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Hall v. Colvin

United States Court of Appeals, Seventh Circuit

February 20, 2015

DANIEL J. HALL, Plaintiff-Appellant,
CAROLYN W. COLVIN, Acting Commissioner of Social Security, Defendant-Appellee

Submitted January 20, 2015.

Appeal from the United States District Court for the Southern District of Indiana, Indianapolis Division. No. 1:13-cv-00993-JMS-MJD -- Jane E. Magnus-Stinson, Judge.

DANIEL J. HALL, Plaintiff - Appellant, Pro se, Noblesville, IN.

For CAROLYN W. COLVIN, Acting Commissioner of Social Security, Defendant - Appellee: Luke F. Woltering, Attorney, SOCIAL SECURITY ADMINISTRATION, Office of the General Counsel, Region V, Chicago, IL.

Before POSNER, KANNE, and SYKES, Circuit Judges.


Page 689

Posner, Circuit Judge.

This is an appeal by an applicant for social security disability benefits named Daniel Hall, who was turned down by the Social Security Administration seconded by the district court. An aviation mechanic discharged in 2001 by the military (we are not told which branch) because of pain from an ankle injury, he was deemed by the Department of Veterans Affairs to be 70 percent disabled and, more important, to be " unemployable" in " a substantially gainful occupation" and therefore totally disabled. 38 C.F.R. § 4.16. In 2010 he applied for social security disability benefits on the ground that pain from his ankle

Page 690

injury, together with back and knee pain and other ailments, had steadily worsened and by 2009 had rendered him totally disabled under the standards of the Social Security Act.

Between 2005 and 2011 he underwent a series of physical examinations and diagnostic tests. Some of the results were normal but many were not, and revealed torn ligaments, obesity (a BMI varying between 30 and 32--and 30 is considered the threshold of obesity), possible arthritis in a knee and ankle, an " alignment problem" in his back, and fibromyalgia. At his hearing before administrative law judge Blanca B. de la Torre, Hall testified that he can't sit continuously for more than half an hour or stand continuously for more than an hour, is incapacitated by his pain for at least six days a month, of the 12 days per month on which his wife is working and he is home alone with the children he is incapacitated for six of them and has to get help from his father to take care of the children, and that often when his wife is at home he has to lie on his back and apply heat or ice to his body to alleviate his pain. Including pain killers and muscle relaxants, he takes four meds daily and they make him " drowsy" and " foggy."

On the basis of the evidence presented at the hearing a vocational expert concluded that if as one of the doctors had said Hall can't sit continuously for more than 15 minutes or stand for more than 10 (which may be underestimates--see preceding paragraph) and if his testimony about his pain was credible, then Hall was indeed totally disabled, but otherwise he could perform such jobs as general office clerk, hand packer, or ticket checker.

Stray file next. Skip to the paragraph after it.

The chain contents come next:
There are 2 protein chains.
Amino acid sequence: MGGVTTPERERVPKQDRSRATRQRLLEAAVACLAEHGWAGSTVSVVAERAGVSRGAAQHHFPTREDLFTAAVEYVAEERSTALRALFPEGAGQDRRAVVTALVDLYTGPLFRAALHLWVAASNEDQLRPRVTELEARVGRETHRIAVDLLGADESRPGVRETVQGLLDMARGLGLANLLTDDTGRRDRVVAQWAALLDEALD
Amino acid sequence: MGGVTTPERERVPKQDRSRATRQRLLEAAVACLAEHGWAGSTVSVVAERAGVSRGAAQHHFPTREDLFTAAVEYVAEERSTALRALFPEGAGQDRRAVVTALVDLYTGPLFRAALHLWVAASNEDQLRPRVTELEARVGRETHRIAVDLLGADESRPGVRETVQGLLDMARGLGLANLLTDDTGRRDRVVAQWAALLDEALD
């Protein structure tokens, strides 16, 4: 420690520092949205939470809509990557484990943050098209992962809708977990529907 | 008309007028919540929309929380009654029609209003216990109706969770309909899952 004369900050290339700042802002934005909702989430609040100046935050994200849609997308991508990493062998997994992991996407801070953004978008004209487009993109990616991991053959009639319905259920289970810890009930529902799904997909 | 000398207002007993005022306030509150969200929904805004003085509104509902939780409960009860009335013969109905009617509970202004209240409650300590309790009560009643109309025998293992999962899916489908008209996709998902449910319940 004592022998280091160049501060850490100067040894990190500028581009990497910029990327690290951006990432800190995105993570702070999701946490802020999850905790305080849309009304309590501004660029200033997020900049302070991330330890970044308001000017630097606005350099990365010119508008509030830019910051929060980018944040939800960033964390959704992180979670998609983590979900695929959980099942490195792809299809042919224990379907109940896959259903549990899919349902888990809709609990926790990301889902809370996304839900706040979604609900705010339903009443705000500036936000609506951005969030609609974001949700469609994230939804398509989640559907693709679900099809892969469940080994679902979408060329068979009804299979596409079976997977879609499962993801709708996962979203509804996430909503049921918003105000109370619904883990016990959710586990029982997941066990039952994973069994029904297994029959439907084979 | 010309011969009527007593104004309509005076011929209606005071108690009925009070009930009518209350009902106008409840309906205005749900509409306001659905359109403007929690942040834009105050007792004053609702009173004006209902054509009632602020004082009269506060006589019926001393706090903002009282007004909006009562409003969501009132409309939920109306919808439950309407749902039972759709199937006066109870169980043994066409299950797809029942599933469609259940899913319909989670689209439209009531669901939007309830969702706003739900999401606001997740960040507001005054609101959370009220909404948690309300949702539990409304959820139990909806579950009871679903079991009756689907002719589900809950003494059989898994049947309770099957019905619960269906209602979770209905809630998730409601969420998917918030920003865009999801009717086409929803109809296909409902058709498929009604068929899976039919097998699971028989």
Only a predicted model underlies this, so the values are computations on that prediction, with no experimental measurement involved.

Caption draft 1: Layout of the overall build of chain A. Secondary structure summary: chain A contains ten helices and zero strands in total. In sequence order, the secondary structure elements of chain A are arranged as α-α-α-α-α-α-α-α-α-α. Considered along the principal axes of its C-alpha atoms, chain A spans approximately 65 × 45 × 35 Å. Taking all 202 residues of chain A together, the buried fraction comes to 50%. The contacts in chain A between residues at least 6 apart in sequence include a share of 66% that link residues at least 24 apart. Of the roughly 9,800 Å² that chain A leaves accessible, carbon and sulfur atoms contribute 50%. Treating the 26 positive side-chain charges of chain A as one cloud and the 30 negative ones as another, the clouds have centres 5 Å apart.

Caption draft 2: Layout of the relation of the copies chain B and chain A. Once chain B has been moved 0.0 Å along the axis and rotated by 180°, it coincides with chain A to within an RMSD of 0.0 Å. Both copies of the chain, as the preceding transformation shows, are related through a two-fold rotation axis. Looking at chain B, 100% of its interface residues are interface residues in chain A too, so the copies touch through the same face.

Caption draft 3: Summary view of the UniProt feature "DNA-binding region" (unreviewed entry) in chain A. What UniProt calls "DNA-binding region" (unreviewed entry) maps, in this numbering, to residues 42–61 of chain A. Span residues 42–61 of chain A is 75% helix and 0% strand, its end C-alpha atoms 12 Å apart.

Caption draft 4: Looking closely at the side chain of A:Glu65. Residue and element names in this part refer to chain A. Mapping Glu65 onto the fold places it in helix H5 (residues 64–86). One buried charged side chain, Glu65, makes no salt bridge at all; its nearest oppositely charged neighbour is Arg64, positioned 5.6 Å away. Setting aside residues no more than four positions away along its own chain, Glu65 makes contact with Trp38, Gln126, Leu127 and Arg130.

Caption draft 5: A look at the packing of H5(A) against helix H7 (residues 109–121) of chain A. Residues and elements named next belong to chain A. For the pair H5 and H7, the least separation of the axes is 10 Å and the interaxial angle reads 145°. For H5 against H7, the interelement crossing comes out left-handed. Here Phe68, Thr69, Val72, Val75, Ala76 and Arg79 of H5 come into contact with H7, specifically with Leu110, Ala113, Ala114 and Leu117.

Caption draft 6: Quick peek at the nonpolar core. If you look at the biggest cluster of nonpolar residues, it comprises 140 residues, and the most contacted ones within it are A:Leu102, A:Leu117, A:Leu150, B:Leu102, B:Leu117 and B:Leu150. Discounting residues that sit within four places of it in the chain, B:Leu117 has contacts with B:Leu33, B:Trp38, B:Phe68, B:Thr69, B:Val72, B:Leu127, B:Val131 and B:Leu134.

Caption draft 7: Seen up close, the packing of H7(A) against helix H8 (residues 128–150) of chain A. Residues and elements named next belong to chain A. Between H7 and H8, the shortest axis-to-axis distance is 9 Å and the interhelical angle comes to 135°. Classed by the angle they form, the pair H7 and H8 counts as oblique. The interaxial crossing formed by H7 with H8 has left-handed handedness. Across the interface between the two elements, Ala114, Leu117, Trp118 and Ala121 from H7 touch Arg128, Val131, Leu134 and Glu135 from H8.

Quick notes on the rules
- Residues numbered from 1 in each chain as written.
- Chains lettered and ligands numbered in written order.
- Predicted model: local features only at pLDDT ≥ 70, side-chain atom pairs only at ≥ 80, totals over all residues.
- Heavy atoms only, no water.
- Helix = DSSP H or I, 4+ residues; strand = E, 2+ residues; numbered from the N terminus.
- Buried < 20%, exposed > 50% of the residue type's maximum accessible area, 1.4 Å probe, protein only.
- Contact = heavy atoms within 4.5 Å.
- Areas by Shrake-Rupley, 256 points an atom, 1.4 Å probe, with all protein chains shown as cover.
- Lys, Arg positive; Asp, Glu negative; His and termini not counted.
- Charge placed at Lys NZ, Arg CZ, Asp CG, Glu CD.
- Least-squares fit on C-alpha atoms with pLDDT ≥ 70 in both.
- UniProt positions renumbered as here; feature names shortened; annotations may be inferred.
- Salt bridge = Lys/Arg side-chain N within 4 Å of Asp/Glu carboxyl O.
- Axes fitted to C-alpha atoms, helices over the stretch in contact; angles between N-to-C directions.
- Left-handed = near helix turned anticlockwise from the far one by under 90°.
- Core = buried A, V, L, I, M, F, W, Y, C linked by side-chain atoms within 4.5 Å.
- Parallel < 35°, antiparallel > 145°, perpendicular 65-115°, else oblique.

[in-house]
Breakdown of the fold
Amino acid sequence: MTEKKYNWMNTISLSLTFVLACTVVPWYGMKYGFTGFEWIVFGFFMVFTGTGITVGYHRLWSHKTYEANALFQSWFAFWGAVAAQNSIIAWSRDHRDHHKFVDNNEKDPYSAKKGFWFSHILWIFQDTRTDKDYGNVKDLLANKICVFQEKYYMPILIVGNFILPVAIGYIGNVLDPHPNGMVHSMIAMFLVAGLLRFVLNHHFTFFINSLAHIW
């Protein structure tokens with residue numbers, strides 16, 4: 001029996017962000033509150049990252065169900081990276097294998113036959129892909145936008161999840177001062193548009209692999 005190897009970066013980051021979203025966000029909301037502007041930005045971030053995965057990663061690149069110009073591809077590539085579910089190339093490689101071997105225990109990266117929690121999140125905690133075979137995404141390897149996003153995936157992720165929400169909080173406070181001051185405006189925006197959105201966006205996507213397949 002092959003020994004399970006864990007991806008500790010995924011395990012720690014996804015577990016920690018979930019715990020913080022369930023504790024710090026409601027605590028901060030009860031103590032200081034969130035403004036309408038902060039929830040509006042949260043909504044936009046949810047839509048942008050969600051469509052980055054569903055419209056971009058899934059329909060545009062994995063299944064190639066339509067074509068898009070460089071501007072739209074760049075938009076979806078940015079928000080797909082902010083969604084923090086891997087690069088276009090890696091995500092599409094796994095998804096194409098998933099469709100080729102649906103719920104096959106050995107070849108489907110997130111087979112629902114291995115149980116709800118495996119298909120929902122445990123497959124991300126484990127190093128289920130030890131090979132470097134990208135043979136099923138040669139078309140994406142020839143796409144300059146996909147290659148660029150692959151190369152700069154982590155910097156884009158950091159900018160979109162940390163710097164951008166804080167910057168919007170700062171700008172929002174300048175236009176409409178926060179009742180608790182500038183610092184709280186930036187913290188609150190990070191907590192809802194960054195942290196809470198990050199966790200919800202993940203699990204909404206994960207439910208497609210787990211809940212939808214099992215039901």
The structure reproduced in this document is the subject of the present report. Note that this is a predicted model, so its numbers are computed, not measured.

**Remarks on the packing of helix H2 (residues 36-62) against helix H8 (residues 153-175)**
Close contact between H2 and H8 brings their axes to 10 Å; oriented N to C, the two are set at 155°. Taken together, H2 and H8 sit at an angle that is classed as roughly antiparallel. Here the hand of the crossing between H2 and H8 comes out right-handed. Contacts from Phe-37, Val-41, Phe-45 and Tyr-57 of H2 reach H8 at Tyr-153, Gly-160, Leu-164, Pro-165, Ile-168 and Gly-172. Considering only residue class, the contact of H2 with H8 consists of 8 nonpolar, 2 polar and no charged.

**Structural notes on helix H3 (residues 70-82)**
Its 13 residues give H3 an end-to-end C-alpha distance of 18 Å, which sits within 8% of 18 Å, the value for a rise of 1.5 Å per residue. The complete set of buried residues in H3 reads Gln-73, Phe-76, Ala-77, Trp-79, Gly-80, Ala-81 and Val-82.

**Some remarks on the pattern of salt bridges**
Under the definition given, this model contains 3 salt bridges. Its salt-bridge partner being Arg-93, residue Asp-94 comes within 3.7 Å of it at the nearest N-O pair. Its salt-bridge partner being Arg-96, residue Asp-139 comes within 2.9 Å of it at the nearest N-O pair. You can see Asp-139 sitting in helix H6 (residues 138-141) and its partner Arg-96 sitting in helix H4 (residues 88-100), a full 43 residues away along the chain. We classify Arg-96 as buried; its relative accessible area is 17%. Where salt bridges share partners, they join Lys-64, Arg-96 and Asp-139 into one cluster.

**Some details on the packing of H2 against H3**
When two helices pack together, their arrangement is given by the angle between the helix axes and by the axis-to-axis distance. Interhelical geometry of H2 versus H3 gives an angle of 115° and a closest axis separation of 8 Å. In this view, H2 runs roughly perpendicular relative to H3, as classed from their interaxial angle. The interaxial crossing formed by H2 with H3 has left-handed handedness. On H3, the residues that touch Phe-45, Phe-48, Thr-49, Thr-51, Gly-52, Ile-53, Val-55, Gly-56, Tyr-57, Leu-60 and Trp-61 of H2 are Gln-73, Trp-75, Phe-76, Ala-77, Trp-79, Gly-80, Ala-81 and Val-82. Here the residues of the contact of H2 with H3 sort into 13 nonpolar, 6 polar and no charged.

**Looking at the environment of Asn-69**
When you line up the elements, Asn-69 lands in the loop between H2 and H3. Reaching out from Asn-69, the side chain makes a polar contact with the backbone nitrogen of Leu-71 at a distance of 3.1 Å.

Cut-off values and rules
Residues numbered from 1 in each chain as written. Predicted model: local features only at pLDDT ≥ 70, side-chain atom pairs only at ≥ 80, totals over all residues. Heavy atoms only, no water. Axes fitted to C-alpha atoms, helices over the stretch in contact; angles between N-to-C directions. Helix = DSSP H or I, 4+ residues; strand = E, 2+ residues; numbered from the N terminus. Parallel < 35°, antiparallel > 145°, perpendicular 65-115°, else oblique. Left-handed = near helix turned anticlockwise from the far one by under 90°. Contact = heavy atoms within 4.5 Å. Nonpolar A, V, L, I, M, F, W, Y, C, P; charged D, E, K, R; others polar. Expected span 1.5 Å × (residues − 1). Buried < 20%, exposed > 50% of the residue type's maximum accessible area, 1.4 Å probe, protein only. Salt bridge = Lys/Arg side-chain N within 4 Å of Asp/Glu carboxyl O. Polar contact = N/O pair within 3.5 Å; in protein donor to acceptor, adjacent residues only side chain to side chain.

The administrative law judge concluded that Hall was not totally disabled, albeit severely impaired by the effects of a torn ligament in his ankle, obesity, and a torn meniscus in his knee. (The meniscus is a piece of cartilage in the knee-- and a tear of it can be extremely painful. WebMD, " Fitness & Exercise: Knee Injury and Meniscus Tear," www.webmd. com/fitness-exercise/meniscustear (visited Feb. 11, 2015, as were the other websites cited in this opinion).) She emphasized that Hall spends what she called a " significant" amount of time taking care of his children, though it's only 12 days a month and on half of them he needs his father's help.

The administrative law judge expressed skepticism that Hall's medications make him drowsy, and was critical that he had sought physical therapy only belatedly, implying that he is the author of his troubles. She gave " little weight" to a doctor's testimony that supported Hall's claims of pain, in part because the doctor had seen Hall only three times. She thought it suspicious that he hadn't seen doctors more frequently, though he explained that it's very difficult to get an appointment with a Veterans Administration doctor. (Delay in obtaining such appointments has become notorious. See, e.g., Richard A. Oppel Jr. and Abby Goodnough, " Doctor Shortage Is Cited in Delays at V.A. Hospitals," New York Times, May 29, 2014, or-shortages-cited-in-va-hospital-waits.html.) Her principal reason for concluding that Hall is not totally disabled by pain is that the diagnostic tests, mainly x-rays, that he underwent provided only limited support for his pain complaints. However, for such soft-tissue injuries an MRI is a better diagnostic tool than an x-ray. National Library of Medicine, Medline Plus, " Lumbosacral Spine X-Ray," ...

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